In 2012, Volkswagen leaders continued to move toward their 2018 goal of being the world’s largest car manufacturer. Company leaders have said that United States market is an important piece of that plan, and Chattanooga’s plant likely has a significant role in meeting those goals.
Although leaders haven’t confirmed any new local manufacturing plans, some industry insiders said that Chattanooga’s plant will eventually have to produce more than the Passat to get maximum profitability.
“The [Chattanooga] plant really is the cornerstone of the grander plan, which is to vastly increase sales in the U.S.,”Bill Visnic,Edmunds.comsenior analyst, said.
Autoweek recently reported that the new VW SUV would be made in Chattanooga, although they didn’t cite a source, and a local spokesman said that leaders have not made that decision yet.
The CrossBlue is aimed at the American market, just like the Passat has been, Visnic said.
Last week, leaders with the Chattanooga Area Chamber of Commerce visited the Detroit auto show to see the SUV’s unveiling and to let Volkswagen leaders know that they want another car built in Chattanooga.
Last May, Volkswagen Chattanooga CEO Frank Fischersaidhe wants to see a midsized SUV made in Chattanooga, although he said he didn’t know what the chances are that it will happen.
The possibilities, potential obstacle?
Although VW leaders said they haven’t made a decision about if and where the new concept SUV will be made, Visnic said it looks “fairly inevitable” it will be manufactured in Chattanooga.
“It has a lot of the same basic styling direction that we’ve seen with the Passat,” he said. “VW made it very clear at the Detroit show when they introduced the CrossBlue concept that it was a product designed for the U.S. market-that would be an important piece of putting together the riddle.”
But Visnic also suspects that the next product to come out of the Chattanooga plant will be a Passat with a four-cylinder engine.
The Passat’s competitors all have four-cylinder options, he also said.
And leaders unveiled the Passat performance concept, which is basically a Passat but with a four-cylinder gas engine, at last week’s Detroit auto show, Visnic said.
The Associated Pressrecently reported about whether new gun legislation would hurt the chances of having another product made in Tennessee.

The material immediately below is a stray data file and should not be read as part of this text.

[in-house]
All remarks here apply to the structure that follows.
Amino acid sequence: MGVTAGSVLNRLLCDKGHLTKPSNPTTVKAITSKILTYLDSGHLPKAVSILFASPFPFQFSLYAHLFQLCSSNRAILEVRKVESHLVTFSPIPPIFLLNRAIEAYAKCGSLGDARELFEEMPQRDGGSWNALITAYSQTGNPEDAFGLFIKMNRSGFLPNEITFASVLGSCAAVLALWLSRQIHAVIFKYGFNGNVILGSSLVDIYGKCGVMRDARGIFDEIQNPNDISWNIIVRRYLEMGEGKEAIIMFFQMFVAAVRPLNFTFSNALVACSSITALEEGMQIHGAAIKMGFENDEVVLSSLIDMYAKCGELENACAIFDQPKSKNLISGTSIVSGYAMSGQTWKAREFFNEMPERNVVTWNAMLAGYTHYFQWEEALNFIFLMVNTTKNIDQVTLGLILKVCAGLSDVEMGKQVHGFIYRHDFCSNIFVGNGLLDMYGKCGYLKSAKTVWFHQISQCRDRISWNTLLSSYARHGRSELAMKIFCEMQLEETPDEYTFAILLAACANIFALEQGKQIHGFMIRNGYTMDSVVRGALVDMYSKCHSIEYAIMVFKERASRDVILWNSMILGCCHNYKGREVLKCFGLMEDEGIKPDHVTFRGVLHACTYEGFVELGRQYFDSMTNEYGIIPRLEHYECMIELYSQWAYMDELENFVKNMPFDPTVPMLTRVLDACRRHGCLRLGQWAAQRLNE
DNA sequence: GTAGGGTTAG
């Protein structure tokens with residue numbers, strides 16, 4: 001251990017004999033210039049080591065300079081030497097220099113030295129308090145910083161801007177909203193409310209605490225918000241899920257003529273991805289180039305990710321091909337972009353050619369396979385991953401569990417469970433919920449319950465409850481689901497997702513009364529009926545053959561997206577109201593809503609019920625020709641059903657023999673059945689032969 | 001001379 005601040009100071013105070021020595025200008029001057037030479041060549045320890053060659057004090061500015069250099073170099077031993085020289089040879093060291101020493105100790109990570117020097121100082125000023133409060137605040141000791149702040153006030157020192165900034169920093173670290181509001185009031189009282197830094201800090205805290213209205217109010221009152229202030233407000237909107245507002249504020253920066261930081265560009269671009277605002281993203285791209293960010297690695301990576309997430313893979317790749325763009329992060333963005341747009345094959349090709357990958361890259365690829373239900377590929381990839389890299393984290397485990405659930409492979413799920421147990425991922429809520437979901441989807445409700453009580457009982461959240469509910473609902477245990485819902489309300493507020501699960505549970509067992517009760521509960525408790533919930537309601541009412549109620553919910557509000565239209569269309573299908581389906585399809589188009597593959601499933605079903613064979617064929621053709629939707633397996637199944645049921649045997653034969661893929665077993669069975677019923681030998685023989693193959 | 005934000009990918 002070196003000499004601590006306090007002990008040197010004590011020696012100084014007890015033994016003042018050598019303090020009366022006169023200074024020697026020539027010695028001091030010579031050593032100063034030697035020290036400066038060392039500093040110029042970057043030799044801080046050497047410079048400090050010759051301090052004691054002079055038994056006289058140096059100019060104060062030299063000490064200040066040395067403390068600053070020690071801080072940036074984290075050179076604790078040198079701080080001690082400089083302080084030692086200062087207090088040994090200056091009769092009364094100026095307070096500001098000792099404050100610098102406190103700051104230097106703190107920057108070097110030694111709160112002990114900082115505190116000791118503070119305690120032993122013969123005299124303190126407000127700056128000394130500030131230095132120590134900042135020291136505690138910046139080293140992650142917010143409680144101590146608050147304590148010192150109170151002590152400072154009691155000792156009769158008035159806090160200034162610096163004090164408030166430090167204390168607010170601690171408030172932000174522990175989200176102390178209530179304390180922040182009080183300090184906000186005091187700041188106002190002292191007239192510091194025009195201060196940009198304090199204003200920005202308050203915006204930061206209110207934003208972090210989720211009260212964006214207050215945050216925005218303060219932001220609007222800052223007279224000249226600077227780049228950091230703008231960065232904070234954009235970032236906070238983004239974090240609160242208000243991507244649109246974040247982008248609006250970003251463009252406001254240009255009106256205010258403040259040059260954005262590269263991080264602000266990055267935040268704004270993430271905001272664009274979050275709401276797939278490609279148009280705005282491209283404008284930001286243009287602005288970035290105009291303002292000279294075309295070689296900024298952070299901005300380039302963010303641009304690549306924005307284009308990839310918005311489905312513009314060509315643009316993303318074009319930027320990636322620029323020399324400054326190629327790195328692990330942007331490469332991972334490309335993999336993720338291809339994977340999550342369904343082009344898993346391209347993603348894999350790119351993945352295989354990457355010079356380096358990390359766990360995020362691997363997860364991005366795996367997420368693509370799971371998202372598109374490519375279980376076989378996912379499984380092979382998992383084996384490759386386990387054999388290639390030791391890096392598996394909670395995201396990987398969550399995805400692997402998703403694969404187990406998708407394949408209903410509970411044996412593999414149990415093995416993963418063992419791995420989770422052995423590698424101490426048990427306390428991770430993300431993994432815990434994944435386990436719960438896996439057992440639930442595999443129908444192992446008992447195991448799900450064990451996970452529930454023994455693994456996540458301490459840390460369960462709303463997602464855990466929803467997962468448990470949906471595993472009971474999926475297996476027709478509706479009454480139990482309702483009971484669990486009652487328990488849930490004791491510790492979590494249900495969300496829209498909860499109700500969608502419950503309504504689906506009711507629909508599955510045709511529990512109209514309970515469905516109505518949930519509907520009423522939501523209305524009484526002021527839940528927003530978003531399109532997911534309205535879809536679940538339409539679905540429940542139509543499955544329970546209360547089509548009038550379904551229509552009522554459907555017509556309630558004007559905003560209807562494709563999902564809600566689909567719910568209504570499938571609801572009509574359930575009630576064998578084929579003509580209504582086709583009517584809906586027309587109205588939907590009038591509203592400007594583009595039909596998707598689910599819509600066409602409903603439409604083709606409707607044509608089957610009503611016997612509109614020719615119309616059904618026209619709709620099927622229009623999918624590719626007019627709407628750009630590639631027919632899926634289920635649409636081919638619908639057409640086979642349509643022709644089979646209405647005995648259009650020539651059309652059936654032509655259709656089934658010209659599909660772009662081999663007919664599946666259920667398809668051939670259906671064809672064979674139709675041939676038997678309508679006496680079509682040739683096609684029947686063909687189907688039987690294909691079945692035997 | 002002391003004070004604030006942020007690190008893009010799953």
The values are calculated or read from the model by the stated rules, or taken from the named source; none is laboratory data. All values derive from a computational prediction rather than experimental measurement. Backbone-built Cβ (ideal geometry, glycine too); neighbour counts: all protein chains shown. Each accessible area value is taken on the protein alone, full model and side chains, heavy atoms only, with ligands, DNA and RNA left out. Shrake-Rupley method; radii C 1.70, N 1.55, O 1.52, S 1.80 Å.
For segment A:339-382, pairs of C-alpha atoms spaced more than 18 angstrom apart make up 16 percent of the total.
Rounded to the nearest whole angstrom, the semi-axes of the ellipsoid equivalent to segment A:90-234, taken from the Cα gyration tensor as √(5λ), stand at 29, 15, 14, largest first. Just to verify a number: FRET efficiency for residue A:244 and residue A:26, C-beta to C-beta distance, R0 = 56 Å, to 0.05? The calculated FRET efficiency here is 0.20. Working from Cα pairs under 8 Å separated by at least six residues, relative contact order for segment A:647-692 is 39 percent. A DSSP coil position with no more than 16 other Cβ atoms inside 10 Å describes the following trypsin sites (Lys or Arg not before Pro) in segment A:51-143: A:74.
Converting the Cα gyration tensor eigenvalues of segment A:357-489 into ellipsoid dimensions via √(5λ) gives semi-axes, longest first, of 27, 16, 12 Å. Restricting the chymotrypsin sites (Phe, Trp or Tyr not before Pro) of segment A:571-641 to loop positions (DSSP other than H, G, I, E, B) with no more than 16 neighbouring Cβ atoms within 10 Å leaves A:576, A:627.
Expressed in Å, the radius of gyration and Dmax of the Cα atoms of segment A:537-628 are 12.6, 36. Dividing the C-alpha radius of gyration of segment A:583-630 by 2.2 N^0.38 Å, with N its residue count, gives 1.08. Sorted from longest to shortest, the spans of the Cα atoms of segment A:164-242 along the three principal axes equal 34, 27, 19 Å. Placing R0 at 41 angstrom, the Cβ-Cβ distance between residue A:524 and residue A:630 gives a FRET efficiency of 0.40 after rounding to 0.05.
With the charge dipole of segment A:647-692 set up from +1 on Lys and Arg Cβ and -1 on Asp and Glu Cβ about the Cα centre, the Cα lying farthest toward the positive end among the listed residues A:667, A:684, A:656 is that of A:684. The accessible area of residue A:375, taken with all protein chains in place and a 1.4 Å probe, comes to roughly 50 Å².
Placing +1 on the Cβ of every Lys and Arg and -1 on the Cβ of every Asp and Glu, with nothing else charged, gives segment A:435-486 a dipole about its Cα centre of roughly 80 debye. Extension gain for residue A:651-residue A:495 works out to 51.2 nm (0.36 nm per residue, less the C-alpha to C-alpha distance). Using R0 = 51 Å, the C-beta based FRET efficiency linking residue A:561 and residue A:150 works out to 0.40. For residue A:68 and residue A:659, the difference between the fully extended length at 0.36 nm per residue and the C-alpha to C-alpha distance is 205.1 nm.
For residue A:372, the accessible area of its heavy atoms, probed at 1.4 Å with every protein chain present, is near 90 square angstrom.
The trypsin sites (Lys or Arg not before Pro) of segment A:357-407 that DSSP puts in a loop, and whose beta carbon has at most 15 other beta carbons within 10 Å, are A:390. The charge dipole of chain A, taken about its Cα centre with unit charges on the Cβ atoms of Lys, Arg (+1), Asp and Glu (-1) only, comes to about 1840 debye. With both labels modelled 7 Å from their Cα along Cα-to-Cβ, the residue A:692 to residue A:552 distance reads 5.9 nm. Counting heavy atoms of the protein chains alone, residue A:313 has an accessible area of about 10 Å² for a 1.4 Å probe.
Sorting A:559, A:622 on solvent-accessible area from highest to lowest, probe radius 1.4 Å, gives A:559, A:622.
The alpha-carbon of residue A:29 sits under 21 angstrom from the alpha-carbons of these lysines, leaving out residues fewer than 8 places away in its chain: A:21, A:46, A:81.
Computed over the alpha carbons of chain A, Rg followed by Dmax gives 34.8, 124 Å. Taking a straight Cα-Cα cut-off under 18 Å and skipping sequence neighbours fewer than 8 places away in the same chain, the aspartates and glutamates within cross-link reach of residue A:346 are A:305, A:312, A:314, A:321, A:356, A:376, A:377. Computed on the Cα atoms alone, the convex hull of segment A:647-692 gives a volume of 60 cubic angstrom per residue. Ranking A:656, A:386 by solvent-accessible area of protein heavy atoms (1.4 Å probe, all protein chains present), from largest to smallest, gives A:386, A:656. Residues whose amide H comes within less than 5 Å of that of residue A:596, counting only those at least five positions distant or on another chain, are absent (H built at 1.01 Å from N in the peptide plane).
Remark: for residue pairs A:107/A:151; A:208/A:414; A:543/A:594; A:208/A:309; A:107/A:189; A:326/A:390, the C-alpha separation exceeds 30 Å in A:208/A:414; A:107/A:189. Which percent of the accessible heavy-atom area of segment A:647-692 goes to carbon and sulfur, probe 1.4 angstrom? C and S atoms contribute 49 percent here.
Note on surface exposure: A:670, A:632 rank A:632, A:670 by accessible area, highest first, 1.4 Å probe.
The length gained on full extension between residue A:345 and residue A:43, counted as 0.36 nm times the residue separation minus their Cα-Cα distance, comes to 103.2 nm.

State leaders will soon take up legislation that would allow employees to keep guns in their parked vehicles at work.
Last year, Volkswagen leaders were one of several companies that spoke out against the potential change.
A VW spokesman had no comment on the issue Monday, but Visnic said that the legislation likely won’t impact a major business decision.
“It’s one thing to express your position on it, but I doubt it’s going to have very much of an impact on VW’s production plans,” he said.
In May 2011, Volkswagenopenedits Chattanooga plant. At that time, leaders said the opening represented a major milestone for the company and a big step toward its 2018 goals.
In March of 2012, local VW leaders said they added more than 1,000 jobs in 2012, bringing the total number of employees to more than 3,000. That’s more than VW leaders initiallypromised for Chattanooga.
The increase in employees was needed to keep up with demand and production.
In July of last year, leaders announced their soaring sales and said they had the best first half of a year since July 1973.
VW leaders ended the year with the bestcalendar year since 1973, and they said that was partially thanks to the Chattanooga-made Passat.
In 2012, Volkswagen sold more than twice the volume it did in 2009. And, in the month of December, the company sold 44,005 cars. That’s a 35.4 percent increase, which makes it the best December for the brand since 1970.
They sold 117,023 Passats in 2012. That’s a 413.7 percent increase over 2011.
In December, leaders sold 14,462 Passats.
Volkswagen’s main goal is to increase the company’s market share.By 2018, they want to sell 1 million vehicles per year, officials have said, according to archives.
Updated @ 2:05 p.m. on 8/28/13 to correct a factual error.